This thesis proposes a navigation system architecture which consists of Inertial Navigation System (INS) with the optical sensor for precise planetary landing. In the future exploration mission beyond the Earth, high-accuracy navigation information is required to complete the mission. The well-known navigation system, INS, can provide position, velocity, and attitude by integrating the output of Inertial Measurement Unit (IMU); however, the accumulated error results in incorrect navigation information after several times. To overcome the navigation error caused by INS drift, INS combined with other sensors is introduced. By comparing the measured terrain data with on-board reference map or terrain profiles, the navigation error can be compensated. This system is called Terrain Aided Inertial Navigation (TAIN).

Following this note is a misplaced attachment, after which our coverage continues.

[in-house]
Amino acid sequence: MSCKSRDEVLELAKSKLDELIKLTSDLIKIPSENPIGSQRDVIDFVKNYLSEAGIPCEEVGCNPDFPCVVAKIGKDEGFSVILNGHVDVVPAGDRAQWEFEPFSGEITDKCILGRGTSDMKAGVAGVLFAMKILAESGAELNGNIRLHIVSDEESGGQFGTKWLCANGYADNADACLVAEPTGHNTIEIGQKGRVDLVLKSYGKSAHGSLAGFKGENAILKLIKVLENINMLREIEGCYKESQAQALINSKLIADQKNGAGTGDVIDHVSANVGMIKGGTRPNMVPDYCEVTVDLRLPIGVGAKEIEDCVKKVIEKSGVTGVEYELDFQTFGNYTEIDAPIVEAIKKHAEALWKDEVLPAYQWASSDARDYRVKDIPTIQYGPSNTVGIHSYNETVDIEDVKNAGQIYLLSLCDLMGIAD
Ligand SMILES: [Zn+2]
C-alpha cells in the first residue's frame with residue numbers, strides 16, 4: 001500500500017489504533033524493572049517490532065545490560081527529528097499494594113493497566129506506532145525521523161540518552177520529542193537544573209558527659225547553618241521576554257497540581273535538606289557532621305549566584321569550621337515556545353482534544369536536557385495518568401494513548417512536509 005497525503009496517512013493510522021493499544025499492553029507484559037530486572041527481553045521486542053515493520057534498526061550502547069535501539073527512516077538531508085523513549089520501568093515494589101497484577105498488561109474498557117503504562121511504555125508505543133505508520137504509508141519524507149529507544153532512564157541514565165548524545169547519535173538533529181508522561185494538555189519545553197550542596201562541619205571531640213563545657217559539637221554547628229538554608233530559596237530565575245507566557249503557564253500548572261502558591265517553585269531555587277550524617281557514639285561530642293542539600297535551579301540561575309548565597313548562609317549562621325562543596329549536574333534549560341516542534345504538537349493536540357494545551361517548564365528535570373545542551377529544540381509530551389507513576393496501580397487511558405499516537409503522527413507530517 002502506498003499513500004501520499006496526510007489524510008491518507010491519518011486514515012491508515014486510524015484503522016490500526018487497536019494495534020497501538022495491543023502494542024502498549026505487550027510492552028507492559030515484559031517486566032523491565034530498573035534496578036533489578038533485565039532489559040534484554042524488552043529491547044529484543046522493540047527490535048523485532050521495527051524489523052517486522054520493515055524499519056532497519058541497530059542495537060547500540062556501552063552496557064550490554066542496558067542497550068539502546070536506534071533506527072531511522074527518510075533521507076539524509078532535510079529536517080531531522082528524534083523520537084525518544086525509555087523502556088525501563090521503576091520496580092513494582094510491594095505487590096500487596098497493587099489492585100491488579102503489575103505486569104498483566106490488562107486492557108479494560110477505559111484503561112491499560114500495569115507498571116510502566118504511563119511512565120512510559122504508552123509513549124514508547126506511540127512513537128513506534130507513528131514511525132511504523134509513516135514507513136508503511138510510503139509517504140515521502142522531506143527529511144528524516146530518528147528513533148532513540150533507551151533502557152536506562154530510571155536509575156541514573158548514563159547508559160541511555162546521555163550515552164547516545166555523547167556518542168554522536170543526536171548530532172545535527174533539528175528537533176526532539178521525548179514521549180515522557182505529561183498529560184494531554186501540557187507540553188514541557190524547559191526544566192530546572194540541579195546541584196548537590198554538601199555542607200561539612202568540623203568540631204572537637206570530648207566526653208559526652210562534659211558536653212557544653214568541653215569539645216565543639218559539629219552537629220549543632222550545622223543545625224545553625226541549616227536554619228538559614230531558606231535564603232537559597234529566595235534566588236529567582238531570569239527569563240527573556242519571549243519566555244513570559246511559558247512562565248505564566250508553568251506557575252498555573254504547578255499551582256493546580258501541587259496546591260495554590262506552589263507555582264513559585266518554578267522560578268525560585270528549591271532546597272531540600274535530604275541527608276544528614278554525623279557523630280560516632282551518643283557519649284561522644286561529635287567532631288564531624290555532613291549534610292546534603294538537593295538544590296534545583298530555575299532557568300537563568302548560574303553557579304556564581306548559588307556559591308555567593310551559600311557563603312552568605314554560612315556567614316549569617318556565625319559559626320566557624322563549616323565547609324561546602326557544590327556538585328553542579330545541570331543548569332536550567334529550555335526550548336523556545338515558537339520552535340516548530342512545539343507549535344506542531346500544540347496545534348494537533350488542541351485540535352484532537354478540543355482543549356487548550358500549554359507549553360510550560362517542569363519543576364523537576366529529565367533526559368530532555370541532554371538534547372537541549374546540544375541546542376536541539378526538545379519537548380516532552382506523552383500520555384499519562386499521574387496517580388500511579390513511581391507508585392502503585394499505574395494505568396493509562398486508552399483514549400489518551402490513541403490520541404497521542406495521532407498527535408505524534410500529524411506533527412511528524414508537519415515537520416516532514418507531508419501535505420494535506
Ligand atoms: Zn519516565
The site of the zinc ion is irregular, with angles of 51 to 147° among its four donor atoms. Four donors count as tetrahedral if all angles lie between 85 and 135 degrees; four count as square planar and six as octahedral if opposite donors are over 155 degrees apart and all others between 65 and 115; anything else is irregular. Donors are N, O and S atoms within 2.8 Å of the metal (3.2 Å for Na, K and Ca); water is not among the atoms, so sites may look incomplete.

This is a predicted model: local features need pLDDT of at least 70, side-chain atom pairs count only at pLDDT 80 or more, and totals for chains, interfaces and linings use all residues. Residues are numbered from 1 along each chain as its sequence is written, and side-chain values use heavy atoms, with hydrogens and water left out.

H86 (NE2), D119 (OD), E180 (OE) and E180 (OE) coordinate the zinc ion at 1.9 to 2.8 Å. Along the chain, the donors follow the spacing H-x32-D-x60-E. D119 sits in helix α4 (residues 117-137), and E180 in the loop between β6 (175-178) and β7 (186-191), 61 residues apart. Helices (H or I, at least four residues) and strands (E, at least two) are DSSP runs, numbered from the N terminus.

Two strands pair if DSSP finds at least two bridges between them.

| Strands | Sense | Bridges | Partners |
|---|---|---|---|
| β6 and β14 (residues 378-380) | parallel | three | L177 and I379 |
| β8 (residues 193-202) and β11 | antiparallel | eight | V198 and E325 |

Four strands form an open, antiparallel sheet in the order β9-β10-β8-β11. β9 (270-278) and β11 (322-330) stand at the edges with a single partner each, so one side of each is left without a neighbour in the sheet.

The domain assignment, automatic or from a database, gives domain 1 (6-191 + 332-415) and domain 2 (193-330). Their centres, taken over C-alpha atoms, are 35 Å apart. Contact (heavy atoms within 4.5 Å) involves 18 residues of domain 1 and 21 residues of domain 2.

This thesis develops TAIN using the camera as the optical sensor. Image processing is conducted to extract the feature points between the measured terrain data and on-board implemented terrain information. The navigation system employed Iterated Extended Kalman Filter (IEKF) can compensate the navigation error and provide precise navigation information compared to the single INS. Simulation proves the feasibility of integration to accomplish the precise planetary landing. This navigation system can be applied to implement the whole system coupled with guidance and control law. Suboptimal covariance analysis can examine the performance of the designed filter. Based on the output of this analysis, the developer can evaluate and verify the implemented system whether it can meet the system requirement or not.